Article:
BP‘s settlement for the Deepwater Horizon spill was great headline-grabbing news recently.
Five Gulf coast governors, as well as the US Attorney General, took the opportunity to claim glory for the largest settlement with a single entity in American history. But who’s in deep water for the Deepwater?
Beneath the headlines, it looks as if we are. In case you missed it, under terms announced July 2, British Petroleum agreed to a record-breaking $18.7 billion to resolve claims related to the massive oil spill in the Gulf of Mexico in 2010. Five states stand to gain from payouts over the next 18 years: Louisiana will receive approximately $6.8 billion according to Governor and GOP presidential candidate Bobby Jindal. In her announcement, A.G. Loretta Lynch declared that ever since the spill the Justice Department has been “fully committed to holding BP accountable” and to restoring the environment and the economy of the region “at the expense of those responsible and not the American taxpayer."
But if that’s what the DOJ’s committed to, it’s not exactly what they got.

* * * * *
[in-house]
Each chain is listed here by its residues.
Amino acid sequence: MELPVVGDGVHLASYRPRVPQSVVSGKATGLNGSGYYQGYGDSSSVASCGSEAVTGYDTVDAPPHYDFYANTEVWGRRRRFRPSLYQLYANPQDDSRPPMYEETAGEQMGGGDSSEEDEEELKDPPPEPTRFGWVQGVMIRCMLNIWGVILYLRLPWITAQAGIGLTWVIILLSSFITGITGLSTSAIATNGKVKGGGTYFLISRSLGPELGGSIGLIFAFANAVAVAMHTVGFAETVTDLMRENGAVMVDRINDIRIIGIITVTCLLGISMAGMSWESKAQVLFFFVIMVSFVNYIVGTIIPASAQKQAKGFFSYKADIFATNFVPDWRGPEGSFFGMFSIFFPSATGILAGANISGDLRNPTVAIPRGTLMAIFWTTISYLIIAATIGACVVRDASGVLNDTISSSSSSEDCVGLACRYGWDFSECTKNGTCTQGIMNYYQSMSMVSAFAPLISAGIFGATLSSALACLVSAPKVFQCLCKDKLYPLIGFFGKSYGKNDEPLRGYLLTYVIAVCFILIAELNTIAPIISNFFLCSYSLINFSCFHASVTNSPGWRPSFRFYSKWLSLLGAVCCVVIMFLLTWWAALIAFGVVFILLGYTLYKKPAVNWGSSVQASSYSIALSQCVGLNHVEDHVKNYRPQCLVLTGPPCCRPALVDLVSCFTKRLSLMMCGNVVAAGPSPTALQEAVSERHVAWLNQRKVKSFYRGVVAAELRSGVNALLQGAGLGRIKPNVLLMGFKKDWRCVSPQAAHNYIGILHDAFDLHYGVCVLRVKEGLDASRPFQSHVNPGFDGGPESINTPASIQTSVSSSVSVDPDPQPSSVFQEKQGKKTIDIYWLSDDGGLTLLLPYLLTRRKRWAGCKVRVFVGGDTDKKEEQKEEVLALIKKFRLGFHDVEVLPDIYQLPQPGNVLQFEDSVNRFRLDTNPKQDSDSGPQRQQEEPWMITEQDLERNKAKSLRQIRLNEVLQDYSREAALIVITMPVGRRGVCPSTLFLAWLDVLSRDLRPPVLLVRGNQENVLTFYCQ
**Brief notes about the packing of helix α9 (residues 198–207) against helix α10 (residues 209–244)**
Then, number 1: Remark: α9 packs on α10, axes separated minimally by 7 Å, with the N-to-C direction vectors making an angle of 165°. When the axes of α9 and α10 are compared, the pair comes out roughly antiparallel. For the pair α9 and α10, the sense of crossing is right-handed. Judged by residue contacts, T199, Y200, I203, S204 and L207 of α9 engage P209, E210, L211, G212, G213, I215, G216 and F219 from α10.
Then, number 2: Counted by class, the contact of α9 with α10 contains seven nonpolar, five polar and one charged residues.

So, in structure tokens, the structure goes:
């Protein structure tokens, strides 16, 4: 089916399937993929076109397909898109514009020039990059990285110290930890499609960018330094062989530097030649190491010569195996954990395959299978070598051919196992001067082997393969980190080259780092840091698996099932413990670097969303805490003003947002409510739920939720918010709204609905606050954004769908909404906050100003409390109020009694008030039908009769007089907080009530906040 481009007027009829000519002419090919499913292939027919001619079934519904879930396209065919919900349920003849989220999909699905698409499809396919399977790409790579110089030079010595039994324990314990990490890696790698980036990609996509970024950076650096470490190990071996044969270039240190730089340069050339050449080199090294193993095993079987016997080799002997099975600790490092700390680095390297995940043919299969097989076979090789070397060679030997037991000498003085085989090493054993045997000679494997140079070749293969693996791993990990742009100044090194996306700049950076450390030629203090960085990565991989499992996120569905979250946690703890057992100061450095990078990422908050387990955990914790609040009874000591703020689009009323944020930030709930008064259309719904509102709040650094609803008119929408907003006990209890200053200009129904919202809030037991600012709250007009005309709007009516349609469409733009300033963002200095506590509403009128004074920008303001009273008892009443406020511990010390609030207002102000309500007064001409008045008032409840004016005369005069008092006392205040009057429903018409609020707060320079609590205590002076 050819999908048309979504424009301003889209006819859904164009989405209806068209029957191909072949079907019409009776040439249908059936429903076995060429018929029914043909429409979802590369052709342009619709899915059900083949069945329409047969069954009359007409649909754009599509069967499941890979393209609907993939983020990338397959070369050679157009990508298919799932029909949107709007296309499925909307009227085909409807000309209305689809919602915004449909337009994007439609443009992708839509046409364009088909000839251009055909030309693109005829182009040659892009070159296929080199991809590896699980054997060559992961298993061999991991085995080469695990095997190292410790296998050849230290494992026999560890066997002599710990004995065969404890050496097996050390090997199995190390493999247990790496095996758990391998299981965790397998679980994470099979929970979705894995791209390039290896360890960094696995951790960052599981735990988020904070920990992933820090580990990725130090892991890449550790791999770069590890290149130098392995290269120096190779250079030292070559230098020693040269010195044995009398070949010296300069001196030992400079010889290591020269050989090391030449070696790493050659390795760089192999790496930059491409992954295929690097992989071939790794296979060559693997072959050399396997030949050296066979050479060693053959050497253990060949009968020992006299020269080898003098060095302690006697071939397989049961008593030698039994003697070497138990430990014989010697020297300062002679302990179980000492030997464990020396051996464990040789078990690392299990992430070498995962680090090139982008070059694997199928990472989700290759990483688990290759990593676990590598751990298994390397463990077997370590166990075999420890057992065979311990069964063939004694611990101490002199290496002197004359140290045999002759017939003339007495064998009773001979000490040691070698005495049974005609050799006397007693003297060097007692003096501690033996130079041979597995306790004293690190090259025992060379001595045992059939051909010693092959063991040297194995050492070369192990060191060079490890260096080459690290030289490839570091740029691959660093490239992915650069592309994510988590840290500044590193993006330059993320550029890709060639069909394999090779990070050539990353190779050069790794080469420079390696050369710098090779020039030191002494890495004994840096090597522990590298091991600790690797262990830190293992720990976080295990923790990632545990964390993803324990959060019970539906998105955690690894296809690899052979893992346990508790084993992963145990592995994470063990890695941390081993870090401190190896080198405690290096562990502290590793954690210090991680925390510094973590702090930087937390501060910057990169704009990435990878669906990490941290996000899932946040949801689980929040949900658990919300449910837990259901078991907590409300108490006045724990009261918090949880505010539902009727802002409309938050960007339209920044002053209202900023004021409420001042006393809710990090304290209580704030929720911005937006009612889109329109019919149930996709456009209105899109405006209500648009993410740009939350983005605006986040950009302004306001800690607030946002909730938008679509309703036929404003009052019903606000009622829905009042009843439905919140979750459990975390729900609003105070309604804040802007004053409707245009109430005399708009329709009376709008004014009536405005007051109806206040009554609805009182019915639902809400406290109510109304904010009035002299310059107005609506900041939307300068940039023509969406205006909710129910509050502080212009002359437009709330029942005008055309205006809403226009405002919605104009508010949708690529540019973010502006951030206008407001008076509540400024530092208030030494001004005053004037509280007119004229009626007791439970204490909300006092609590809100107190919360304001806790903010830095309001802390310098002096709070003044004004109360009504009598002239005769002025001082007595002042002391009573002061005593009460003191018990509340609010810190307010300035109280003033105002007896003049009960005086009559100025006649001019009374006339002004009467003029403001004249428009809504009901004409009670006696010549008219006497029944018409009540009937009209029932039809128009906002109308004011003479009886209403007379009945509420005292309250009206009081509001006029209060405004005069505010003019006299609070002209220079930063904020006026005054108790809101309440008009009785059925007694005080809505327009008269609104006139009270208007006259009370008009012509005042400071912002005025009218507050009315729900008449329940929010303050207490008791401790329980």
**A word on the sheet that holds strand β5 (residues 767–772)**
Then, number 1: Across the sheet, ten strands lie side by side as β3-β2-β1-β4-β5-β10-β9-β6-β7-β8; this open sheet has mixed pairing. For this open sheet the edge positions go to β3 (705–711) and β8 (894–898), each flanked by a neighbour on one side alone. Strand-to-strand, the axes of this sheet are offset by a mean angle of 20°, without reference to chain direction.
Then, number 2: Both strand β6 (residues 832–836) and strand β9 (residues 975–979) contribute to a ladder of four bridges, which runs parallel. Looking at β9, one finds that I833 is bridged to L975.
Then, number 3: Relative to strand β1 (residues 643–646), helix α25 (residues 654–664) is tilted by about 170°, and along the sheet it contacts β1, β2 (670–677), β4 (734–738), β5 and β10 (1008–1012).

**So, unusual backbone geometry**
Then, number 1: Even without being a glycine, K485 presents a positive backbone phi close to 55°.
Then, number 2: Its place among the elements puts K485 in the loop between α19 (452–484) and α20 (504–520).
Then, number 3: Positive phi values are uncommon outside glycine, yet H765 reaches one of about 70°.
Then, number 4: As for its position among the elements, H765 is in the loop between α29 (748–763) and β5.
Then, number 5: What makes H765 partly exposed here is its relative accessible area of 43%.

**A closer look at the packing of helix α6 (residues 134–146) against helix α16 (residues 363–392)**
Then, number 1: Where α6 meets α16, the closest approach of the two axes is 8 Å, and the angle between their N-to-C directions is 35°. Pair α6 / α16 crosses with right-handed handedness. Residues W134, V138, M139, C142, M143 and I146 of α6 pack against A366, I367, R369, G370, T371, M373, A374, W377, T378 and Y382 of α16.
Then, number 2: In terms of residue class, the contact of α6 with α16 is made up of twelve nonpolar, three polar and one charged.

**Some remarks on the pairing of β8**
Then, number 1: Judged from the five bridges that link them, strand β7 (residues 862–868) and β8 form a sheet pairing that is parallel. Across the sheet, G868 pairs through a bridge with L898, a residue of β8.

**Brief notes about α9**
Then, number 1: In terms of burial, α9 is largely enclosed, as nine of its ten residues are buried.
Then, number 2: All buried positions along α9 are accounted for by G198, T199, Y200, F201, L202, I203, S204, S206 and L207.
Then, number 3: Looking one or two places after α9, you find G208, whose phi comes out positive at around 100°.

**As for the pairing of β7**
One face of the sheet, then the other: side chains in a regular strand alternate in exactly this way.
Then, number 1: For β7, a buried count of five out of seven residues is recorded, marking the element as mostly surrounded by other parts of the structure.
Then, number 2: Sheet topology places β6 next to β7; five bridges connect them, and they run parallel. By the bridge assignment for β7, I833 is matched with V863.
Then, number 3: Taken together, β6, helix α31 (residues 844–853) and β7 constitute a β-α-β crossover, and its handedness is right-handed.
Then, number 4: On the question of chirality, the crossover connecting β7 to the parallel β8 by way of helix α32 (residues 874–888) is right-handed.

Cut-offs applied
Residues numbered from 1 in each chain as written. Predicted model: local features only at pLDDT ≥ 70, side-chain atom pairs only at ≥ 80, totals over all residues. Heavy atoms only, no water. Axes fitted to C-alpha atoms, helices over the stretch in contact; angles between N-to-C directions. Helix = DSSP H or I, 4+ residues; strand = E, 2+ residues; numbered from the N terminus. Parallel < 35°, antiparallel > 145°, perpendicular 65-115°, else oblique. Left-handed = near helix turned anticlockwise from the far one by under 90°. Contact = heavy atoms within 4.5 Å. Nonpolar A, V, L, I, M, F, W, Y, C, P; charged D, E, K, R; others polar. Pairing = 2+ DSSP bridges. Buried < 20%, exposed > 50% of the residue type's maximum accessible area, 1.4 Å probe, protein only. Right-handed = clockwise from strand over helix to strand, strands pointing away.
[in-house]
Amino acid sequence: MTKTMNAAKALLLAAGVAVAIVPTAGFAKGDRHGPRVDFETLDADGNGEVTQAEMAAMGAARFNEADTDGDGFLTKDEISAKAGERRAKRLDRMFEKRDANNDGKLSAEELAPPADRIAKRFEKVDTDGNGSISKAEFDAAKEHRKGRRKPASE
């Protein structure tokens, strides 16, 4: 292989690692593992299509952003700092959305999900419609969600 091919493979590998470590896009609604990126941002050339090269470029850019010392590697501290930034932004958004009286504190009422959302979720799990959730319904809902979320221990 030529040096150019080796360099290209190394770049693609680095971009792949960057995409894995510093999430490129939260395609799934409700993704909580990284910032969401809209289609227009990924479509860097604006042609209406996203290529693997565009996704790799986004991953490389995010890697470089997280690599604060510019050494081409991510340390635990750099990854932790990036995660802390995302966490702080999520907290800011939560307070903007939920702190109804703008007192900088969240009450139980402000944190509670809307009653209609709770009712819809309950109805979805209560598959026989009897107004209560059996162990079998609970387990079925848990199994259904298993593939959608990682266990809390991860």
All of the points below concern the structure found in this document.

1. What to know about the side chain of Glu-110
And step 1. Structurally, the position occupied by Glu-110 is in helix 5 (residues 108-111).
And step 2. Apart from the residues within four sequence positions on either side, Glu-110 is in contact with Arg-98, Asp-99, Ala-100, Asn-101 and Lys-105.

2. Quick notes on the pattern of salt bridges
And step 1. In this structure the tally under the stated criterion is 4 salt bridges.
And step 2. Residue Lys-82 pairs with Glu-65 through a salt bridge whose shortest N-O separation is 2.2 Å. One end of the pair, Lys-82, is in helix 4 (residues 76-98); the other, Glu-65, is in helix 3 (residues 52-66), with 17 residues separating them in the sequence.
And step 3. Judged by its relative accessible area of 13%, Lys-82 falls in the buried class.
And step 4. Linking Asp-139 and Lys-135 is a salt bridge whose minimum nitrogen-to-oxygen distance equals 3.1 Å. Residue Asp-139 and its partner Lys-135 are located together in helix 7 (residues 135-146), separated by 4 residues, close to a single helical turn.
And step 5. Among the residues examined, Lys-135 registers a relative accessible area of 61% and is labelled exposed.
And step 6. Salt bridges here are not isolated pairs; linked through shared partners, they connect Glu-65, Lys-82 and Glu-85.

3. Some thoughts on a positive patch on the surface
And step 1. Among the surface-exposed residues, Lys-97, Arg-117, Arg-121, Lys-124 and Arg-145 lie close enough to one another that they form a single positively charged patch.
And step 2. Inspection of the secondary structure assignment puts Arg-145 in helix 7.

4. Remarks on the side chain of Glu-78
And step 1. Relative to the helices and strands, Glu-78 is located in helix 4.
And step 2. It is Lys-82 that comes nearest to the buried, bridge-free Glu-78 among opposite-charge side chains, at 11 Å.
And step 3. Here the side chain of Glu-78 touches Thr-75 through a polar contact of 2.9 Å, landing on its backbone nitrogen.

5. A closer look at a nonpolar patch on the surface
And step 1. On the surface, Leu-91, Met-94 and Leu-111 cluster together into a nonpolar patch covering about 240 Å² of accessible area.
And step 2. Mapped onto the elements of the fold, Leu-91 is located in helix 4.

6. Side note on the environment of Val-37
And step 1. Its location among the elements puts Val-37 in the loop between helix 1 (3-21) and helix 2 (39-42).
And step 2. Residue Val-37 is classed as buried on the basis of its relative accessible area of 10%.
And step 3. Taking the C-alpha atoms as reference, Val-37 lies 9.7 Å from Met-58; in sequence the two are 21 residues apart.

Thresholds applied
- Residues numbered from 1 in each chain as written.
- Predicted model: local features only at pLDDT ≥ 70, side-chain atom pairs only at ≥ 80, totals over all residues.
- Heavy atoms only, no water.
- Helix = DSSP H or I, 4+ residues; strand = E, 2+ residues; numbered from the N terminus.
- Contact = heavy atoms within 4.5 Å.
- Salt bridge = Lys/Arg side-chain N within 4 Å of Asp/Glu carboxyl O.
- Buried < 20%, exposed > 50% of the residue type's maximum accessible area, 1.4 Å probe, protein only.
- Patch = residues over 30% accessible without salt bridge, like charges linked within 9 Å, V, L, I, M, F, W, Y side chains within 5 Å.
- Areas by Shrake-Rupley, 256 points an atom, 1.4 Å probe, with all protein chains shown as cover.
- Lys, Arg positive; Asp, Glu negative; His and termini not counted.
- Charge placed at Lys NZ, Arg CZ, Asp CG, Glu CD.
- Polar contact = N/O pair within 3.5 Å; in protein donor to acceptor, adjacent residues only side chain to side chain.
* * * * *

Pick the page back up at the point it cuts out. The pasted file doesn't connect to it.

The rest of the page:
As we’ve mentioned before, when corporations agree to pay out compensation, they can claim a tax deduction. Restitution, unlike a criminal penalty or fine, can be written off as just another “cost of doing business”. Of that $18.7 billion, the Justice Department seems only to have tied $5.5 billion to criminal Clean Water Act violations. The rest will likely be tax-deductible, even though a New Orleans judge ruled BP guilty of gross negligence. $18.7 billion is a hefty sum, but it's one that the public will largely be on the hook for. It seems to suggest that bad behavior can lead to just another windfall. No wonder that five years after the Gulf of Mexico disaster, a Southern California coast was coated in crude oil.
If the DOJ had seized BP’s assets and taken over control, now that might have sent a real message.